5. Australia

One of the most comfortable places in Europe, Australia offers an AUD1,870 per month cost of living the country’s immigration system allows students visiting the country on a student visa the chance to work up to 20 hours per week during term time, and during vacations, students can work full-time.

However, in order to work and study as an international student, you must have a Tax File Number (TFN), at the Australian Taxation Office to get their TFN. You can get this after providing your name, current address, and date of birth. You may also be required to supply the date of your arrival in Australia, your passport, and proof of enrollment.

6. Switzerland

Switzerland might seem a little expensive for international students because of €1,300 – €1,700 per month, coupled with some issues. Then again, International students could work a maximum of 15 hours per week during their studies, and up to 100 percent during semester breaks. This mustn’t go unreported though; you will need to report all cases to the responsible immigration authorities.

International students from outside the EU/EFTA region may only start working six months after the beginning of their studies.

7. France

Did someone say France? France has lots of rich cultures and foods, a cost of living at €1,000 – €1,200 per month, and is one of the EU states. As an international student, you have the right to work both on-Campus and Off-Campus, while studying here. The same applies to all students in France. Students who are not European Union nationals must have a student resident permit.

The country’s law permits foreign students to work up to 964 hours per year, or the equivalent of 60% of the maximum working hours permitted.

8. Spain

Good thing Spain is one of the EU countries and has a plethora of courses for international students and archeological landmarks for tourist attraction.

Spain’s work Requirements for EU/EEA students are the same as for Spanish students. International students whose countries are EU/EEA members are free to work in Spain without work permits or any other restrictions. All they need is a signed work contract between the student and the employer.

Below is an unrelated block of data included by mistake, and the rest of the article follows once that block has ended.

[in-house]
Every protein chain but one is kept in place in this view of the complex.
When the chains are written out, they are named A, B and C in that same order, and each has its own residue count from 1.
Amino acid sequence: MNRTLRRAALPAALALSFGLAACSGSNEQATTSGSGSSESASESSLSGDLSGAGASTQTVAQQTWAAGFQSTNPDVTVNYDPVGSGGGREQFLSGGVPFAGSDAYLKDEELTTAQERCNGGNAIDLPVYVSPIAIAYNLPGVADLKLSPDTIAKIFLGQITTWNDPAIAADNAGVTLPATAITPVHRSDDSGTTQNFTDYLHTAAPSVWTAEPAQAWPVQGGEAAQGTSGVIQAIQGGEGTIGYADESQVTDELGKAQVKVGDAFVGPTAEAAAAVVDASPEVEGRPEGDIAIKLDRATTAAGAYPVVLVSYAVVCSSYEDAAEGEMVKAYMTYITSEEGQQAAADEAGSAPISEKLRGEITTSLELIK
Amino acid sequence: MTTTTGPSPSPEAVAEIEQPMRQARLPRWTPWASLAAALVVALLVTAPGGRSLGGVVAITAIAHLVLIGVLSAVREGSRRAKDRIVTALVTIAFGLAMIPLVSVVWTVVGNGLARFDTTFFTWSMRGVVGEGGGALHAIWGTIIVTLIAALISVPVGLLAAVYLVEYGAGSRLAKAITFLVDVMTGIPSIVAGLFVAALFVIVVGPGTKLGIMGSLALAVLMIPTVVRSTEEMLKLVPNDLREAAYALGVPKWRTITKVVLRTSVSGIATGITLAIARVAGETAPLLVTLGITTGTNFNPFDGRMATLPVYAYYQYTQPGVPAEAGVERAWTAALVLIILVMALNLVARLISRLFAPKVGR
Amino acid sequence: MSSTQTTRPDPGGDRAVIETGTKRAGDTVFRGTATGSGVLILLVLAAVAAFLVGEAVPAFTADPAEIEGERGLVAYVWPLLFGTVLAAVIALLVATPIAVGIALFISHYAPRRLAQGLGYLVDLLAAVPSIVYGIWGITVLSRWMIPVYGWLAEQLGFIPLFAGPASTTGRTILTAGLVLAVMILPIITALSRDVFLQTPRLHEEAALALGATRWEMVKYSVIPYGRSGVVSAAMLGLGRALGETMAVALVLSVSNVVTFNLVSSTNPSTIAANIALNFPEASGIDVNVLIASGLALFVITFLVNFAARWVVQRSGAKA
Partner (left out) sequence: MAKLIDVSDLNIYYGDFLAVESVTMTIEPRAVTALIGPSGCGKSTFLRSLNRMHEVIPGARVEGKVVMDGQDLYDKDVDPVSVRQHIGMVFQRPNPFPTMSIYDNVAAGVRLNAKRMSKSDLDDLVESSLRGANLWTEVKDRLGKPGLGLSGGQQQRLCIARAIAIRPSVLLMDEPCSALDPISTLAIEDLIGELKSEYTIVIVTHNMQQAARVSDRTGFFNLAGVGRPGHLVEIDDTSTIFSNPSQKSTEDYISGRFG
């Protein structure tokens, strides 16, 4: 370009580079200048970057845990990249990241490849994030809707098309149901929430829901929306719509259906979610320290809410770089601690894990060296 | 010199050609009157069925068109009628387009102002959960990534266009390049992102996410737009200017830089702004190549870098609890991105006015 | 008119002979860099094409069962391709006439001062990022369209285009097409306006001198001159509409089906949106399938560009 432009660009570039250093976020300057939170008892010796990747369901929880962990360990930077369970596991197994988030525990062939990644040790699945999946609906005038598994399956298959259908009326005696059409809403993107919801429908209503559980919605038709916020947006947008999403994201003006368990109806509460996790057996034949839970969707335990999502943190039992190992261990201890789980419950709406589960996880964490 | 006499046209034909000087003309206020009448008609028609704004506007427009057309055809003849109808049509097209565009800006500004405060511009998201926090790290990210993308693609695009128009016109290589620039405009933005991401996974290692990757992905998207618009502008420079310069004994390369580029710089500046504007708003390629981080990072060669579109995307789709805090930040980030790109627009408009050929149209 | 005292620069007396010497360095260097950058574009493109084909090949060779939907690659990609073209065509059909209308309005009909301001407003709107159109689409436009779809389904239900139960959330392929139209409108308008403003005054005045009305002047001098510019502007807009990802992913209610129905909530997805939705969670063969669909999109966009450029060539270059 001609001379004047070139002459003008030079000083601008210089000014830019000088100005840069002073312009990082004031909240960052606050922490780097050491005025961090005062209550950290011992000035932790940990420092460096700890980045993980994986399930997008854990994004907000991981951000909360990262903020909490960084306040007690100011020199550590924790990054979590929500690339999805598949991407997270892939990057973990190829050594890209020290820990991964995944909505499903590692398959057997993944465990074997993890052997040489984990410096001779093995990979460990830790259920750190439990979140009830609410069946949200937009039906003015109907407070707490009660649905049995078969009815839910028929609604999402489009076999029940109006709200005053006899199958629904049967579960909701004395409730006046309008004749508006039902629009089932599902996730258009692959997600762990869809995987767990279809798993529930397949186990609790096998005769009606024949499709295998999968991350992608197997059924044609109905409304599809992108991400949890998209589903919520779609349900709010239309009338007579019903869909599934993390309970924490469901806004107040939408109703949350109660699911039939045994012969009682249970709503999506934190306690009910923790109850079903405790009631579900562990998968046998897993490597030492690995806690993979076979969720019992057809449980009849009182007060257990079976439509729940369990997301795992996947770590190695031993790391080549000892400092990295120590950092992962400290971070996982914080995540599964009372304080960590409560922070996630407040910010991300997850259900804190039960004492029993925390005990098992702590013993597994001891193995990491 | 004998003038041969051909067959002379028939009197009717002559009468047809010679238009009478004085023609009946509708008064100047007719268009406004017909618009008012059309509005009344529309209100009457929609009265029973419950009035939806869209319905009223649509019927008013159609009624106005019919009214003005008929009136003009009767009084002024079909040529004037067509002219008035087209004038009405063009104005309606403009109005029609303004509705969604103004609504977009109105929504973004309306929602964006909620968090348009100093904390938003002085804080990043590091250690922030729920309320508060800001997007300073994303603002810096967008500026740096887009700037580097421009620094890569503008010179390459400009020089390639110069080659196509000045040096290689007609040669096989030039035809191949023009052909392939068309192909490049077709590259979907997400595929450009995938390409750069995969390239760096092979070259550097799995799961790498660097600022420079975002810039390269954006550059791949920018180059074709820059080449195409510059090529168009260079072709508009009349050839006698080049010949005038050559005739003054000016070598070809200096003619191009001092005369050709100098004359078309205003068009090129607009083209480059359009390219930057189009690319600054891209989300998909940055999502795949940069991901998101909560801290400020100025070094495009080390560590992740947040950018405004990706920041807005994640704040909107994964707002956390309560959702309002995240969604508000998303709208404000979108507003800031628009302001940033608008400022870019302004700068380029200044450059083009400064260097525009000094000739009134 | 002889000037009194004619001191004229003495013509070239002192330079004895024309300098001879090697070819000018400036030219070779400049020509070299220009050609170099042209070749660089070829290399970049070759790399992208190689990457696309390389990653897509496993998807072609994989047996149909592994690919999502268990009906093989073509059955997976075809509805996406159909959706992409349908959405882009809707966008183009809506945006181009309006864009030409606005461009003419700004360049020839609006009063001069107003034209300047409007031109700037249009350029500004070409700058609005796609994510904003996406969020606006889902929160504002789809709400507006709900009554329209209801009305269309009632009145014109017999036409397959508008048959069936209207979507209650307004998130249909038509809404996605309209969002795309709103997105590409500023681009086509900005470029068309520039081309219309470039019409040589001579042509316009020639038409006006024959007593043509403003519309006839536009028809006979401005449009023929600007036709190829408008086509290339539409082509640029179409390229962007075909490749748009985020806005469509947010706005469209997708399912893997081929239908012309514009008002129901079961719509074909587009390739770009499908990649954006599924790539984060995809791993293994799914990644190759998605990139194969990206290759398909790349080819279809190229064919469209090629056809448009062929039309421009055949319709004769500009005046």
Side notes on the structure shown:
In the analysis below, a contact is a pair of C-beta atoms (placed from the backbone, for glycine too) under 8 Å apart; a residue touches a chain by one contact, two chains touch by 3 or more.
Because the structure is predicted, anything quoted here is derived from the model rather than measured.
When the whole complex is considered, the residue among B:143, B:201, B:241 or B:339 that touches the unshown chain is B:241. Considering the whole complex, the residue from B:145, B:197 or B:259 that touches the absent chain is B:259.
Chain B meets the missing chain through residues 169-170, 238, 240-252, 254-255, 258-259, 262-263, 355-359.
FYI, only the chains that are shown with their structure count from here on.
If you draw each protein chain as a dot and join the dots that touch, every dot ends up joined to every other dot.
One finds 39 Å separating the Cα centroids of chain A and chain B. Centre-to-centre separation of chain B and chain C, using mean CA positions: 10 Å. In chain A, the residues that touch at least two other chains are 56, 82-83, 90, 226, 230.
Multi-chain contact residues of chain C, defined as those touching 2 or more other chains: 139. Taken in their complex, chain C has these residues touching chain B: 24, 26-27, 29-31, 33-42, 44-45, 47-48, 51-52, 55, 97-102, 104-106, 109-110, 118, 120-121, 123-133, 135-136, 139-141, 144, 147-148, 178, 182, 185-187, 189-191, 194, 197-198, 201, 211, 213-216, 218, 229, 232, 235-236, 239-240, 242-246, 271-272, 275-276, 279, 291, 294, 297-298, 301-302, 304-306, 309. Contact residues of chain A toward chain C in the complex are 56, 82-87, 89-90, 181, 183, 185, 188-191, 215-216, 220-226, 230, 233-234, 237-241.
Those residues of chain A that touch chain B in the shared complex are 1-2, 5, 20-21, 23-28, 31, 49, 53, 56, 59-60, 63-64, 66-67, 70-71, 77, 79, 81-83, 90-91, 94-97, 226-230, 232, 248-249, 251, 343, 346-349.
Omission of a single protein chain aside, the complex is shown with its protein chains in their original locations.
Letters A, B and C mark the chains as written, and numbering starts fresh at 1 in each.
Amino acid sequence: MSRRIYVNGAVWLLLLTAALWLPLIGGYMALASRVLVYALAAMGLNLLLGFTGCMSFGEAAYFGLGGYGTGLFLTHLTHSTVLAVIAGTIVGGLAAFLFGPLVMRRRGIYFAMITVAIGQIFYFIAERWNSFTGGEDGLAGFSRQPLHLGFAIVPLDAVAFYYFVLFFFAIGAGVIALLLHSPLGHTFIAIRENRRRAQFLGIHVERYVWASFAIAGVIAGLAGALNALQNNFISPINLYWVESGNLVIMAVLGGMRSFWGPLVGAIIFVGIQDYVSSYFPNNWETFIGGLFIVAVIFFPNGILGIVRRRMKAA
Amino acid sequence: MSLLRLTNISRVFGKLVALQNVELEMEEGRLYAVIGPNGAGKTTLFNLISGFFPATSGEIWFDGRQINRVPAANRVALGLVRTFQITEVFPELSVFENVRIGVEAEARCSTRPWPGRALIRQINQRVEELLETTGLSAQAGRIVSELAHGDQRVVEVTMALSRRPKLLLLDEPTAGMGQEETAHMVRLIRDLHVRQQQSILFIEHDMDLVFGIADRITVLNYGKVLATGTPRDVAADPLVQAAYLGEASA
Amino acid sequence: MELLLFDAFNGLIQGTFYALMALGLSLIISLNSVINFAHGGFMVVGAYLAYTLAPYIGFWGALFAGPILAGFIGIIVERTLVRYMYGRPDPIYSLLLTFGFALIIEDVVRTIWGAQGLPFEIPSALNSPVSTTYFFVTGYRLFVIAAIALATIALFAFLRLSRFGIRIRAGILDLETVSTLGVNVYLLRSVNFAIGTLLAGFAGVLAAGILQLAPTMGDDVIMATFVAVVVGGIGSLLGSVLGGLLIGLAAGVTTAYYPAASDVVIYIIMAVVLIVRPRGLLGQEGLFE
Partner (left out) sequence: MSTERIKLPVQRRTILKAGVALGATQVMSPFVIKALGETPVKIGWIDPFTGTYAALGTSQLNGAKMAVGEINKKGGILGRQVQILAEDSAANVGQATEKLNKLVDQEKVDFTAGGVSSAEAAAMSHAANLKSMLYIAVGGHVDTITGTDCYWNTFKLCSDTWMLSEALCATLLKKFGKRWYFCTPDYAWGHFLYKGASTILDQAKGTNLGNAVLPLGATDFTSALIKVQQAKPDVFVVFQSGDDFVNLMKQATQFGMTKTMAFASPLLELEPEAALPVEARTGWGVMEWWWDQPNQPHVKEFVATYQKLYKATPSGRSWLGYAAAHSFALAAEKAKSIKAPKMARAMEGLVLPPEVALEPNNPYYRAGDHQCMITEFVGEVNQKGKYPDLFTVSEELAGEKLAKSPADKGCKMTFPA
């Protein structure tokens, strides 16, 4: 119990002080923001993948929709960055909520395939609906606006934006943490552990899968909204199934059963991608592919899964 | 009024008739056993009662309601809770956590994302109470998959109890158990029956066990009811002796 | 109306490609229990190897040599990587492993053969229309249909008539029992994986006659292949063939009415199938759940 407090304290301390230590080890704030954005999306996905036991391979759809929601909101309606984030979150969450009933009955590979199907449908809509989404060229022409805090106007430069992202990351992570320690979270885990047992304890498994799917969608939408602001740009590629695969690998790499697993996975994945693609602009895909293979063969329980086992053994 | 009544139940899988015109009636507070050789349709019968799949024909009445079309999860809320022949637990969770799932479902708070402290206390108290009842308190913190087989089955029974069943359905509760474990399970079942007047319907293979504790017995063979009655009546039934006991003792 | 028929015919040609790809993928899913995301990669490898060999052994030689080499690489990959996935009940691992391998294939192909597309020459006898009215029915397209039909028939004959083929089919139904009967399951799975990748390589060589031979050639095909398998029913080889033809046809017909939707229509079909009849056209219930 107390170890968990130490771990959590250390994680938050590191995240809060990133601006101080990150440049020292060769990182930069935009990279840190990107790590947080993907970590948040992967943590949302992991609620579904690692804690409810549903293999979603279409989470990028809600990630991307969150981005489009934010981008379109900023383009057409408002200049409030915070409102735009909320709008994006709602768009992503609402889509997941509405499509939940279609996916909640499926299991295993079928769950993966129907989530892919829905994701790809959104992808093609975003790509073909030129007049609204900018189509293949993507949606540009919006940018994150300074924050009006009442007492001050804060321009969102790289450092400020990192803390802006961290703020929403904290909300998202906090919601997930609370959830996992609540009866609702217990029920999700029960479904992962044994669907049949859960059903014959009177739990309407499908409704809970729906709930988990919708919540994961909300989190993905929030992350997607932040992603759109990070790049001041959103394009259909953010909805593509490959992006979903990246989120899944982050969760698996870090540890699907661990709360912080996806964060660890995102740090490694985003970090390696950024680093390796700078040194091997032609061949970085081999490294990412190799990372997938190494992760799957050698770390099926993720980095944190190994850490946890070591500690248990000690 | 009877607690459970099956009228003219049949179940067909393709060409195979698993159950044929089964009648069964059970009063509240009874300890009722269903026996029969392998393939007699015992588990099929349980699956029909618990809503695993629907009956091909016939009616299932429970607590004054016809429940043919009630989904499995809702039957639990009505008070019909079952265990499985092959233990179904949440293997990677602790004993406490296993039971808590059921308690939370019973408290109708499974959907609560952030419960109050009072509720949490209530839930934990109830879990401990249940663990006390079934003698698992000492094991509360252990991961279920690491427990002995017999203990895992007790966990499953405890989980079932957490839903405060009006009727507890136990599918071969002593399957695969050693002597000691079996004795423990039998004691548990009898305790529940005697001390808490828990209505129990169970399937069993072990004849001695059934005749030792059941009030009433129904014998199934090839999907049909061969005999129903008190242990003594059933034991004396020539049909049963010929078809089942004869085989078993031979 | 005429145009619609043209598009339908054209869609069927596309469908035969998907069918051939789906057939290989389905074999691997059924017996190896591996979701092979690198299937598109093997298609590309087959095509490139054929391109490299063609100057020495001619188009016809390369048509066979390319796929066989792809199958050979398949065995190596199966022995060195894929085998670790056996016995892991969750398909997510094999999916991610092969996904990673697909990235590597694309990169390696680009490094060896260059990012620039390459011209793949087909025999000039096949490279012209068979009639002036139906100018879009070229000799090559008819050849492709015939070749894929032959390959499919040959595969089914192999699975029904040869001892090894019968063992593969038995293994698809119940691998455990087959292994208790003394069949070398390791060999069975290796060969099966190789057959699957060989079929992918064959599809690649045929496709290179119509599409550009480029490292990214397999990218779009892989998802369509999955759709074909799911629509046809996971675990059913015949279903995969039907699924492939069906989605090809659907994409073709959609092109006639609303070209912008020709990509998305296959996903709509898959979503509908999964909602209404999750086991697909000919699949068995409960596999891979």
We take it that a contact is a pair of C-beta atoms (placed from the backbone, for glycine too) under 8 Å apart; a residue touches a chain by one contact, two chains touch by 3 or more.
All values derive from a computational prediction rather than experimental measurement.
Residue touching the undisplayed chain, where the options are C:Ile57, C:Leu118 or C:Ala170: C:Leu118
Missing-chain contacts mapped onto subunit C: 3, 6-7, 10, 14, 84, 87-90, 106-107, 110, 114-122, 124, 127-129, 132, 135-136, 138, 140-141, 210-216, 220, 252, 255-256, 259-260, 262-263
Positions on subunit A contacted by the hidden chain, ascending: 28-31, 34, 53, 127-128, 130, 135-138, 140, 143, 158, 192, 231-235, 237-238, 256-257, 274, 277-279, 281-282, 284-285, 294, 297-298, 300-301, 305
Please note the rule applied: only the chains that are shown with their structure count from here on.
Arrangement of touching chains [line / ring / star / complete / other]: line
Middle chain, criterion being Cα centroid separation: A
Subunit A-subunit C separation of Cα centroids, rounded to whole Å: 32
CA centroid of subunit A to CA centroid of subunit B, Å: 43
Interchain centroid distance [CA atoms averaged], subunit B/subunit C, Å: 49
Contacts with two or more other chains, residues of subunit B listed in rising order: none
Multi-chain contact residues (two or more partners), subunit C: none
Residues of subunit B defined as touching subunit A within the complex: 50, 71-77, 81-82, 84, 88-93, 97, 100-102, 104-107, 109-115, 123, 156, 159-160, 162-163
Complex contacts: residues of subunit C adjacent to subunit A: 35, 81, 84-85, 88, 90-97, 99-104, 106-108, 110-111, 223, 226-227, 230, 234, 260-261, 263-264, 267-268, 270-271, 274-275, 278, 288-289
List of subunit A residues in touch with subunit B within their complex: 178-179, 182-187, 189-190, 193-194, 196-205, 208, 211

For non-EU/EEA students, requirements to work in Spain include:

  • Engage in part-time work (20 hours per week / 4 hours per day).
  • Obtain a work permit (the employer should make the application).
  • Have another main means of financial support (the part-time work income should only be complementary).
  • Find a balance between studies and work (do not let work interfere with your studies in Spain).
9. New Zealand

New Zealand is known for producing professionals in distinguished spheres of life, and students can choose from a wide variety of courses to study.

You can work a maximum of 20 hours a week if you are studying in a full-time academic program for at least two years, as long as you have working rights on your student visa. In the case where you need to gain more work experience during your study program, you may also receive permission to work for more hours a week.

10. Ireland

With exceptional courses to choose from, Ireland is becoming a destination of choice for many international students. To study and work in Ireland, International students engaged in full-time study of at least one year’s duration on a course leading to a qualification that is recognized by the Irish Department of Education and Skills currently do not need a work permit to work in Ireland.

Also, students holding a valid immigration stamp 2 permission will be permitted to work 20 hours per week.

What’s your take on this? We believe this article was helpful, if yes, don’t hesitate to share this information with your friends on Facebook, Twitter, WhatsApp, and other Social Platforms.

Leave a Reply